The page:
Economics is the scientific study of "the economy" in the same way that theology is the scientific study of God.
Theology is a very peculiar kind of science, because the object of study — God — does not reveal himself to those that engage in the studying. Nobody has ever interviewed God. Nobody has even seen him or can prove his very existence, so nobody can know what God really thinks or wants (not that this fact stops some people from acting as if they did). Now, of course, you can still do science and study revelation and religious practice and rituals using the historic texts (e.g. the Bible), but you will only learn what people thought God wanted, what people believed, and what people did to share that belief — even with people that didn't care. So the study of God (the literal meaning of "theology") is not so much about God but about the people who do the studying. So it's really like doing alien research, for example by interviewing people who claim to have been visited or abducted by aliens. Here again, through these interviews will learn absolutely nothing about aliens. You will only learn about the people (and the minds of those) that make these alien claims.
In the same way that theology (or alien research) is not the scientific study of God (or aliens), economics is not the scientific study of the economy. Now, in contrast to (earth-visiting) aliens there is an economy to study, but the science of economics does not care about the real thing. As I've shown in an earlier post: when confronted with facts in the real economy that contradict claims in their economic theory they dismiss the former by saying that you needn't bother with facts as they don't matter. Only economic theory does. In the words of David Stockman: "People will never agree about the facts, but it's logical..." (Here's the video. The quote is at 7'30").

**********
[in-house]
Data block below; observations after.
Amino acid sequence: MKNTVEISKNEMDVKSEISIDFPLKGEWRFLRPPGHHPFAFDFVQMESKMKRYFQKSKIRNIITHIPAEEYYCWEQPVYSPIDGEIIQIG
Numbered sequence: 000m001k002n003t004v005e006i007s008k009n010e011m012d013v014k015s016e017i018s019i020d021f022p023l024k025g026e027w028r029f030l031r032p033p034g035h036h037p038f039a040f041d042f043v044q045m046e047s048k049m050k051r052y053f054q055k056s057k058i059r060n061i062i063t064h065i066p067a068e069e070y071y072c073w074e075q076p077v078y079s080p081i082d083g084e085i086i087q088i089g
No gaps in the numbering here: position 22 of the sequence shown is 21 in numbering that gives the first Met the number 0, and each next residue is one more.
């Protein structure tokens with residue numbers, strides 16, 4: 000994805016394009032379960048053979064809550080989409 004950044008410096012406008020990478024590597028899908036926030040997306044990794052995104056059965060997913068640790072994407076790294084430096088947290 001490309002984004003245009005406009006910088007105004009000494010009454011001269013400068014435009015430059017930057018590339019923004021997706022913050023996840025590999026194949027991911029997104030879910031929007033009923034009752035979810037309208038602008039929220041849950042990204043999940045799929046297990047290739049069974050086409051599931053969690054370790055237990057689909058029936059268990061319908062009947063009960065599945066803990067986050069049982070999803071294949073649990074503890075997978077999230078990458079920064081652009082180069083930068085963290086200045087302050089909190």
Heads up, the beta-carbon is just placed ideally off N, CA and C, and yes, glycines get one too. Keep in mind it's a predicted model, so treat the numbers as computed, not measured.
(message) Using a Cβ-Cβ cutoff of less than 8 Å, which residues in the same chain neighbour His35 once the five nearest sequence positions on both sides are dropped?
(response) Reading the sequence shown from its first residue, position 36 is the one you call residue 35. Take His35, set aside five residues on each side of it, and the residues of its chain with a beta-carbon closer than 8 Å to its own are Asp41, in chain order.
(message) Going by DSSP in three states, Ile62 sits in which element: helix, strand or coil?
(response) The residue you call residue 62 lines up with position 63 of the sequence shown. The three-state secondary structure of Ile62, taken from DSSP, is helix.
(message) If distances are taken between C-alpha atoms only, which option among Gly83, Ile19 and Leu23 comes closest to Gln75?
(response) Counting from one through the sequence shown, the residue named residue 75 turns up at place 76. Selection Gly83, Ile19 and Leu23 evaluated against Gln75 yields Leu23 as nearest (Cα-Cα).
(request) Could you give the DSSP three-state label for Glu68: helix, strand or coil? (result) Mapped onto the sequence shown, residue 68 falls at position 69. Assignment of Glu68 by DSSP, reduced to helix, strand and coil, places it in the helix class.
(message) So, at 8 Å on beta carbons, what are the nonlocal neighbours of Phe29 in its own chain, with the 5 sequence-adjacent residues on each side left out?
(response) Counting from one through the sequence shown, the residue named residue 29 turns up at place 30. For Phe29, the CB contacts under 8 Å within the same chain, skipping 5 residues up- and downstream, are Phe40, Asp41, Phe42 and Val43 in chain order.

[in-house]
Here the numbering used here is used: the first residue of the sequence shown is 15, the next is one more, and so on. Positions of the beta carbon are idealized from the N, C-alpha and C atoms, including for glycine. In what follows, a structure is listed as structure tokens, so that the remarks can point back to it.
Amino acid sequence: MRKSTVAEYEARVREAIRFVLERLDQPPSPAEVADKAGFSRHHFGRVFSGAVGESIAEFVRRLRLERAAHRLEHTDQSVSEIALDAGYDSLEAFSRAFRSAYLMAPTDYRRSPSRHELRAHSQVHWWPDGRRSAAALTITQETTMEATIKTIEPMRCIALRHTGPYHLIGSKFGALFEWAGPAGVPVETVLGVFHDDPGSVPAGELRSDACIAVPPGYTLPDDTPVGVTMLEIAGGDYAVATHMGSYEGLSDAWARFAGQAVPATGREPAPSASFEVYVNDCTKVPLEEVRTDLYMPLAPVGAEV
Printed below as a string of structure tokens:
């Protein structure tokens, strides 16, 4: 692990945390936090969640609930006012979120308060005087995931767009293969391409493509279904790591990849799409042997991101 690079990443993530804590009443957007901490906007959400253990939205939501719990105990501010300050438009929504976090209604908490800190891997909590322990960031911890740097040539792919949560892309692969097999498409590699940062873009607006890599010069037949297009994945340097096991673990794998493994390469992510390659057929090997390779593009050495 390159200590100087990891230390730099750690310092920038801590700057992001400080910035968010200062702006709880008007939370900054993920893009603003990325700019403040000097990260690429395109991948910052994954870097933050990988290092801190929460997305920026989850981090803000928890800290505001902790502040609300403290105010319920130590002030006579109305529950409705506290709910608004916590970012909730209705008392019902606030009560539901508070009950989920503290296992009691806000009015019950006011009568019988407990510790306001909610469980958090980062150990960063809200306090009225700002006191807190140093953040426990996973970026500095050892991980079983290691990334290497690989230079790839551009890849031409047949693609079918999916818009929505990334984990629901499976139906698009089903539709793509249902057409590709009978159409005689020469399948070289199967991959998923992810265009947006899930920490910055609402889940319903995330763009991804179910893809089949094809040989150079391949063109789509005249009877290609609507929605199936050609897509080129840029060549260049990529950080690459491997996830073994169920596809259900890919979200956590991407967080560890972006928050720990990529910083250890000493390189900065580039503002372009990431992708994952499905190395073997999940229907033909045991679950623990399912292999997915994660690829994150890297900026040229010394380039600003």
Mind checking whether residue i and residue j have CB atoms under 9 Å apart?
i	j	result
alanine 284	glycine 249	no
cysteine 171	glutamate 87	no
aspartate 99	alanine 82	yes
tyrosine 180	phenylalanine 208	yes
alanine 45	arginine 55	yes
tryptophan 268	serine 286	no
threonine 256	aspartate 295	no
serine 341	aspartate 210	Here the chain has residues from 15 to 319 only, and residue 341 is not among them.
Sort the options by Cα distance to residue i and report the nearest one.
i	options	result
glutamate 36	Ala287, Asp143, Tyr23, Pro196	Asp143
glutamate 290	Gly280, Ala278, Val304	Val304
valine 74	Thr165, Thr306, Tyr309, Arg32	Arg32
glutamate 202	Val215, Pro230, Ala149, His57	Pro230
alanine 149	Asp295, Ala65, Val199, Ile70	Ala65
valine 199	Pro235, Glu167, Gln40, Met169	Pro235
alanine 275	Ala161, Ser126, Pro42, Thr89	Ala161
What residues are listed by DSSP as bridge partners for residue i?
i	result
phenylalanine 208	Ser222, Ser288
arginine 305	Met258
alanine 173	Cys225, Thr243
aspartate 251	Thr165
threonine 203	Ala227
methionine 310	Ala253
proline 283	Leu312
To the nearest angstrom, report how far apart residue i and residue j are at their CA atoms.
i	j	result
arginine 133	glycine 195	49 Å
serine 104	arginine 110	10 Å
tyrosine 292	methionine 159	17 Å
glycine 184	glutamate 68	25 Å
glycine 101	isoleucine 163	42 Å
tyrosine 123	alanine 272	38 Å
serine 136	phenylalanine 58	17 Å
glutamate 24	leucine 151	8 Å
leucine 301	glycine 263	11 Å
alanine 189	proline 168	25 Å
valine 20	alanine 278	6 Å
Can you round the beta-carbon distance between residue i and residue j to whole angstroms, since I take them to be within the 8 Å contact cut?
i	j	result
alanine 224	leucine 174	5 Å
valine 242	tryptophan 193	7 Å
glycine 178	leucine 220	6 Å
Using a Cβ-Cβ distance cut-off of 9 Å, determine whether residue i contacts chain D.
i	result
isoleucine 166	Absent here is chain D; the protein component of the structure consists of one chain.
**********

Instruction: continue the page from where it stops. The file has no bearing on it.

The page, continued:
There is ample literature that shows that the science of economics distorts inconvenient facts in their textbooks (1), replaces hypotheses that are both plausible and empirically observable by other hypotheses that are neither (2), but that just so happen preserve the desired ideological properties of the economy (e.g. equilibrium), or simply makes stuff up and presents it a logically derived theory (3).
Here are a few books that prove all the above claims, and much more. I can only recommend that everybody who cares about the well-being of the economy in general or the middle class in particular reads some (or all) of these books to inoculate oneself against the nonsense that is economic "theory"
- The Economics Anti-Textbook by Rod Hill and Tony Myatt
This book serves both to teach and debunk microeconomics. Each section starts with a summary of the theory as presented in a textbook, and then proceeds to show where ideological bias, logical inconsistency or simply empirically unfounded invention taints, distorts or invalidates the theory. Hill and Myatt don't always disprove the theory but show convincingly that more plausible alternatives exist. Helpful questions for your professor allow economics students to probe their teacher's openness to reasoned debate.
- Zombie Economics by John Quiggin
Quiggin's book is particularly enlightening about economics' unwillingness to accept empirical evidence. Analyzing the most important factors that led the world into the financial crisis of 2007 he shows a) how these theories contributed to the crisis, b) how the crisis disproved important claims of these theories, but most importantly c) how the economics profession keeps defending these refuted claims tooth and nail, despite all the evidence that the crisis piled on their doorstep.
- Economics for the Rest of Us by Moshe Adler
Adler does not actually debunk any of the theories he's discussing in the book, but he shows that they were conscious choices by economists in the face of better, more plausible theories because they had ideological bias against these theories or any of their (sometimes distant) implications.